SRINAGAR, India (AP) — Soldiers and police fanned out across Indian-controlled Kashmir on Monday to enforce a security lockdown for a second straight day to stop anti-India protests and foil a call by separatists for a march toward India's main military garrison in the disputed region.
Government forces patrolled streets in the region's main city of Srinagar and sealed off all the roads leading to India's military garrison in the city.
Three Kashmiri leaders, known as the Joint Resistance Leadership, or JRL, called for Kashmiris to march to the army cantonment to protest the killings of seven civilians and three rebels during an Indian counterinsurgency operation over the weekend.
Police and paramilitary soldiers in riot gear and carrying automatic rifles laid steel barricades and coiled razor wire on roads and intersections to cut off neighborhoods in a bid to stop protests.
Defying restrictions, dozens of activists, some wearing symbolic shrouds imprinted with the words: "Indian army, kill us all," marched in Srinagar's main business hub. Police detained Mohammed Yasin Malik, one of the leaders of the JRL, and about half a dozen others, leading to scuffles and clashes during which troops fired tear gas and protesters threw stones, police said.
Authorities also stopped train services and suspended internet on cellphones in the region, a common tactic to make organizing protests more difficult and stop dissemination of protest videos by Kashmiris.
Shops and businesses in other areas with no security restrictions closed in a show of solidarity with those protesting Indian rule.
The killings and injuries of more than three dozen civilians on Saturday angered Kashmiris and sparked protests and clashes at several places in the region. Residents accused troops of directly spraying gunfire into the crowds and killing at least two civilians, including a teenage student, away from the battle site.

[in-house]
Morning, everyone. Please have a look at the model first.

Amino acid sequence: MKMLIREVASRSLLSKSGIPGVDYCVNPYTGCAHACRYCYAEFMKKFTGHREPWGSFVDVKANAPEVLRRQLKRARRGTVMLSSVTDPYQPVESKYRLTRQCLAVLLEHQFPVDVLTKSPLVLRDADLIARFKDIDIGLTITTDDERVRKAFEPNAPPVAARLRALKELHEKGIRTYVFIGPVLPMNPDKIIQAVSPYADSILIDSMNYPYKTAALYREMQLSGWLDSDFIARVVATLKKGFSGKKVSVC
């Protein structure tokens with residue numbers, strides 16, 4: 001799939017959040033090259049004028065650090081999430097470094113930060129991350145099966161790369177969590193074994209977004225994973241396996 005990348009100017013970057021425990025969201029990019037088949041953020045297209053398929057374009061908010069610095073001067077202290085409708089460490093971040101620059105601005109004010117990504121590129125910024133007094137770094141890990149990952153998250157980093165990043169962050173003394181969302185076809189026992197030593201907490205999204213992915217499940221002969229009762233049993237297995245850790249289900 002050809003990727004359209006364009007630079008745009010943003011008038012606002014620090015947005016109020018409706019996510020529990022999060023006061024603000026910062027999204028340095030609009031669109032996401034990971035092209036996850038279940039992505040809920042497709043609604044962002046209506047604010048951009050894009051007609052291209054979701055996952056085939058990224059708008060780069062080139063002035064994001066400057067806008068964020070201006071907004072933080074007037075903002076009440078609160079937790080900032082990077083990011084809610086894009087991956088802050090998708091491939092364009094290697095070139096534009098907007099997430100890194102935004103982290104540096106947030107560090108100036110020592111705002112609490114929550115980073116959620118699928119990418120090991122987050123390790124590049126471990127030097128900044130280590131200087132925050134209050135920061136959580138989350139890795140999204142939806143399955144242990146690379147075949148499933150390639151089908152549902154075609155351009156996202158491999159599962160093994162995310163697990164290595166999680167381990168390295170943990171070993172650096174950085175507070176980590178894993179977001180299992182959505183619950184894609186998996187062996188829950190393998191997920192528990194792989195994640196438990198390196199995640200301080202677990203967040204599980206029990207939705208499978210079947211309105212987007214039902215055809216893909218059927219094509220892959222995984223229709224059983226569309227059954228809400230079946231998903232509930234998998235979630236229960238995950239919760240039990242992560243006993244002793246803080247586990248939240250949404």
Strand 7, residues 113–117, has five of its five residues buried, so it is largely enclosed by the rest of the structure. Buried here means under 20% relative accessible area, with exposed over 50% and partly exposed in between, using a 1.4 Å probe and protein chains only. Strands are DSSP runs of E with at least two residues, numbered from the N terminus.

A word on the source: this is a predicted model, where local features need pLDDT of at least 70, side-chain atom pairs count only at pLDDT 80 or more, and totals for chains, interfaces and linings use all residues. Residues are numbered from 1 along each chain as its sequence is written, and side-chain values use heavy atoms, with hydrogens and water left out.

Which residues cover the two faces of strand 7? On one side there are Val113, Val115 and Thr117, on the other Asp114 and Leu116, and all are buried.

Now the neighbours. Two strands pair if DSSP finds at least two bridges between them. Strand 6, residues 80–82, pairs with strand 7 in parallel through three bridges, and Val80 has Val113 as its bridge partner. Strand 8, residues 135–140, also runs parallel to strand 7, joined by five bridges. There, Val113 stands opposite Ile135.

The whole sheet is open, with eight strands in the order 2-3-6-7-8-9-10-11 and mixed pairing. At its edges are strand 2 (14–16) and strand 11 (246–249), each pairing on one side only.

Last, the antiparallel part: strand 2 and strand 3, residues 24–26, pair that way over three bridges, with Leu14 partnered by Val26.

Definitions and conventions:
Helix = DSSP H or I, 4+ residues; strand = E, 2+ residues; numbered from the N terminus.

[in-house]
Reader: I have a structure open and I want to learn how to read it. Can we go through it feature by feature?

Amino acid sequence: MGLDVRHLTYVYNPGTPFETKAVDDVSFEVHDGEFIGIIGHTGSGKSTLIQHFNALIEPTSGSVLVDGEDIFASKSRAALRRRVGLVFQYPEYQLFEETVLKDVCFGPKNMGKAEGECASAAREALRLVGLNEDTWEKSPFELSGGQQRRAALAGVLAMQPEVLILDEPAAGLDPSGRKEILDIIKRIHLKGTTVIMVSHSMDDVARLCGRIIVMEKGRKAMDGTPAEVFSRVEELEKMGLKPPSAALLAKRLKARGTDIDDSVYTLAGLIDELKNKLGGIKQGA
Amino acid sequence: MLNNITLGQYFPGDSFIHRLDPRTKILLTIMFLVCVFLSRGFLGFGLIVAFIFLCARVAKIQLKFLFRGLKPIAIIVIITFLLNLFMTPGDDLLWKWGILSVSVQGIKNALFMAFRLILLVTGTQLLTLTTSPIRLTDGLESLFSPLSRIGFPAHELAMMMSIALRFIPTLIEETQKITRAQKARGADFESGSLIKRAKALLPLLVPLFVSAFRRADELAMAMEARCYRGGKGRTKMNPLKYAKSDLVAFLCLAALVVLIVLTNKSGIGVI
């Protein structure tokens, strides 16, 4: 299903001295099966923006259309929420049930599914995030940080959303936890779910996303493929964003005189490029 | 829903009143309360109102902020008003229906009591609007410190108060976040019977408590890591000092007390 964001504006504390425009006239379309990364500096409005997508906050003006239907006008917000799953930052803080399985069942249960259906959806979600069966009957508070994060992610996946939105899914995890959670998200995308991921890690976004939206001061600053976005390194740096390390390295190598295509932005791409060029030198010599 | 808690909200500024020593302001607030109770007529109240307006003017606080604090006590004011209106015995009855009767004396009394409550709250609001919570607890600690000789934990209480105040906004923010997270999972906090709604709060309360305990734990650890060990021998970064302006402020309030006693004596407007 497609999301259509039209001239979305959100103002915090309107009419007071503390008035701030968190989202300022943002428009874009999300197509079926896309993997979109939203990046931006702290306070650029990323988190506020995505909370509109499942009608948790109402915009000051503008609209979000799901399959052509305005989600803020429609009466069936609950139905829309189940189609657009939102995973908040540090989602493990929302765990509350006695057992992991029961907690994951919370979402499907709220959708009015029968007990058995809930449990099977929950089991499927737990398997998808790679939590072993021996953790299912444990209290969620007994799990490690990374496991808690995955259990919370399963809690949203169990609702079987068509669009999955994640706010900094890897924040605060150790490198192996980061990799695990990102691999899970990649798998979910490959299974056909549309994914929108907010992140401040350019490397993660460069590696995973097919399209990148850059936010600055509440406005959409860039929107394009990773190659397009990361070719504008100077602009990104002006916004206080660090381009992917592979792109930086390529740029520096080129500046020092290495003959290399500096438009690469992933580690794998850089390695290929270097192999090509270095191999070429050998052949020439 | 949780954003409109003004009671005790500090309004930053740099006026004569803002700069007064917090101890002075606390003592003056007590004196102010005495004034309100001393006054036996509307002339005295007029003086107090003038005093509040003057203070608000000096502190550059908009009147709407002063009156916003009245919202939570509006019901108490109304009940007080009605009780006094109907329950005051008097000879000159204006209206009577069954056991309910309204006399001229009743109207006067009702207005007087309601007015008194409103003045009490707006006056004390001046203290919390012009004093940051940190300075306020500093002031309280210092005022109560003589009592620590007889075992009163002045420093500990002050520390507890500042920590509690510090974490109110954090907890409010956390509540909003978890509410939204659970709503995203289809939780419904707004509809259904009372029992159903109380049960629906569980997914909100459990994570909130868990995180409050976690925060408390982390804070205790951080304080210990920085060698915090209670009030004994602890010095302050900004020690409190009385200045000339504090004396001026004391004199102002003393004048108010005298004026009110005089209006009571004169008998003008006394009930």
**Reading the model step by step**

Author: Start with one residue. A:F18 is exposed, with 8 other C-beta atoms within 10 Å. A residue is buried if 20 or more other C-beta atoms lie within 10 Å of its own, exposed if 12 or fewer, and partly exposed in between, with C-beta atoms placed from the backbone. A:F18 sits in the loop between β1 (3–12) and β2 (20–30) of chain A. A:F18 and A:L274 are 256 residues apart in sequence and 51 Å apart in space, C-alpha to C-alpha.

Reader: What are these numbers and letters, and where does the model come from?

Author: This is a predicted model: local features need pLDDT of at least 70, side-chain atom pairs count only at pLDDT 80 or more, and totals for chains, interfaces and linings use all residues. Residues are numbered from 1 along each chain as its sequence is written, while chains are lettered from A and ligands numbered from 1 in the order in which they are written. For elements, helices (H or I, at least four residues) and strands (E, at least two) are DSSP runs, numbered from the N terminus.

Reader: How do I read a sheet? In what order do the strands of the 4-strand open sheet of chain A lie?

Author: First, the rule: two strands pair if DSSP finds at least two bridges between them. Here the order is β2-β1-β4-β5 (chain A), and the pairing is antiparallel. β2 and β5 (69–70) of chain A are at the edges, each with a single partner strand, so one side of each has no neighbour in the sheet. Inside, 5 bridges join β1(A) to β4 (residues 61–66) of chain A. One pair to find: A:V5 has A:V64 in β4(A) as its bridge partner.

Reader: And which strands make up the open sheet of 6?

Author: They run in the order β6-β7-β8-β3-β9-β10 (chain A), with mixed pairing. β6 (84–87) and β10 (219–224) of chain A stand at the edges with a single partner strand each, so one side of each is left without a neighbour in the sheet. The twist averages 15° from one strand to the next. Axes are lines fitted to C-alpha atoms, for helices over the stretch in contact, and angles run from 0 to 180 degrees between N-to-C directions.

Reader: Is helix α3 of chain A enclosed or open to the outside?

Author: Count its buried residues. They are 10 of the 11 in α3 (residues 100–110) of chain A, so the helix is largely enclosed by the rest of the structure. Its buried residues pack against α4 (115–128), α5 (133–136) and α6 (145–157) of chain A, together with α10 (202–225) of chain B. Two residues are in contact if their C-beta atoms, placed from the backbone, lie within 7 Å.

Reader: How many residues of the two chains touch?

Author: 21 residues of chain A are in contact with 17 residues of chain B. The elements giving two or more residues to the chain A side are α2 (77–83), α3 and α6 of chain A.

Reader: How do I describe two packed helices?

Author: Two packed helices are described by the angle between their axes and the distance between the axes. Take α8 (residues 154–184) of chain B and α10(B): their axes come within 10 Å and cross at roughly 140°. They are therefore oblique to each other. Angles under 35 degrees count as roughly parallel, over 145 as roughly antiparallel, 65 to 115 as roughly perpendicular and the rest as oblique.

Police said in a statement that they regretted the killings but that the protesters had come "dangerously close" to the fighting.
Separatists who challenge India's sovereignty over Kashmir said the killings were part of India's state policy and called for three days of mourning and a general shutdown in Kashmir apart from Monday's public march.
The Indian army has appealed for people to not heed the call. The army said in a statement that it was "fighting terrorism and proxy war sponsored by Pakistan and its proxies in Kashmir," adding that its objective "is to bring peace and normalcy" in Kashmir.
Meanwhile, Pakistan's army spokesman Maj. Gen. Asif Ghafoor condemned what he called "state sponsored terrorism" by Indian forces in Kashmir, saying "bullets can never suppress unarmed brave freedom fighters."
He said on Twitter that the "Indian Army must respect ethics of professional soldiering."
India and Pakistan each administer part of Kashmir, but both claim the region in its entirety. Rebels have been fighting Indian control since 1989. Nearly 70,000 people have been killed in the uprising and the ensuing Indian military crackdown.
Kashmiris deeply resent Indian rule and support the rebels' call that the territory be united either under Pakistani rule or as an independent country.
In recent years, mainly young Kashmiris have displayed open solidarity with the rebels and sought to protect them by engaging troops in street clashes during India's counterinsurgency operations despite repeated warnings from Indian authorities.